Literature Review of Operations Improvement

Portsmouth Business School

Principles Of Operations & Marketing Management

Student number 671740

Table of Contents
Part One: Literature Review 3
Performance Measurement 3
Performance Objectives 3
Performance Standards 4
Benchmarking 4
Four Pitfalls In Performance Measurement 5
Approaches to improvement 6
PDCA Cycle 6
DMAIC cycle 8
Part Two: Case Study --- Toyota 12
Continuous Improvement 12
TPS --- Toyota Production System 13
Kaizen 14
Kaizen And PDCA Cycle 15
Failure Of TPS 17
Appendix 17
Lean Operations And Just-In-Time 17
What is just-in-time? 18
The impact of JIT 18
JIT in services 19
Reference 19

Part One: Literature Review

Performance Measurement

Performance measurement is used to evaluate some kind of organizational entities, such as organization, process, team or individual, in terms of quality and quantity that is achieved in the mission, objectives, goals, and etc. Performance can be measured in terms of the degree to which the operations fulfil performance objectives at any point in time, in order to satisfy customers. Improvement is the activity of closing the gap between the current and the desired performance of an operation or process. (Slack et al, 2012) There are two major influences on deciding improvement priorities, the needs and preference of customers and the performance and activities of competitors. (Baxter, L. F., MacLeod, A. M., 2008)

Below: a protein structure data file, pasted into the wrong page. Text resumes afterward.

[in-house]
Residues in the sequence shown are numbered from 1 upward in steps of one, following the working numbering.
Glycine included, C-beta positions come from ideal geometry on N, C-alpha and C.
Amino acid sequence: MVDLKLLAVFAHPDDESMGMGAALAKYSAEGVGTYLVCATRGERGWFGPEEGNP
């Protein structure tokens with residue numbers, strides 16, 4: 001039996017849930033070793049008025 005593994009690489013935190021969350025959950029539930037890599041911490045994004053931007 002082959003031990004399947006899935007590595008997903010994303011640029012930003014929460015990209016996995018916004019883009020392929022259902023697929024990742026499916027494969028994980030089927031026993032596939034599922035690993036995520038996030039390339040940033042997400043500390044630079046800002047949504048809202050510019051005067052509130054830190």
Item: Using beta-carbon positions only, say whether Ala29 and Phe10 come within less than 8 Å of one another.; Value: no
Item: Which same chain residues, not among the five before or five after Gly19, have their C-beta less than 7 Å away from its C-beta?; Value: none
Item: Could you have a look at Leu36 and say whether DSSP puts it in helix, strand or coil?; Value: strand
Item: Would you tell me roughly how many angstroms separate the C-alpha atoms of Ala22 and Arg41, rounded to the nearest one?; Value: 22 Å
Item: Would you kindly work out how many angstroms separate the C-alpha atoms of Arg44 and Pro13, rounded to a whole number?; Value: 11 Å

Performance Objectives

There are five performance objectives, which are to be achieved: quality, speed, dependability, flexibility and cost. It can represented on a Polar diagram.

The polar diagram below illustrates the relative importance of each of the performance objectives for these two services in different stages. The main point here is that the two types of service offered by the company have very different characteristics in terms of which performance objectives are important. As time goes by, the situation will...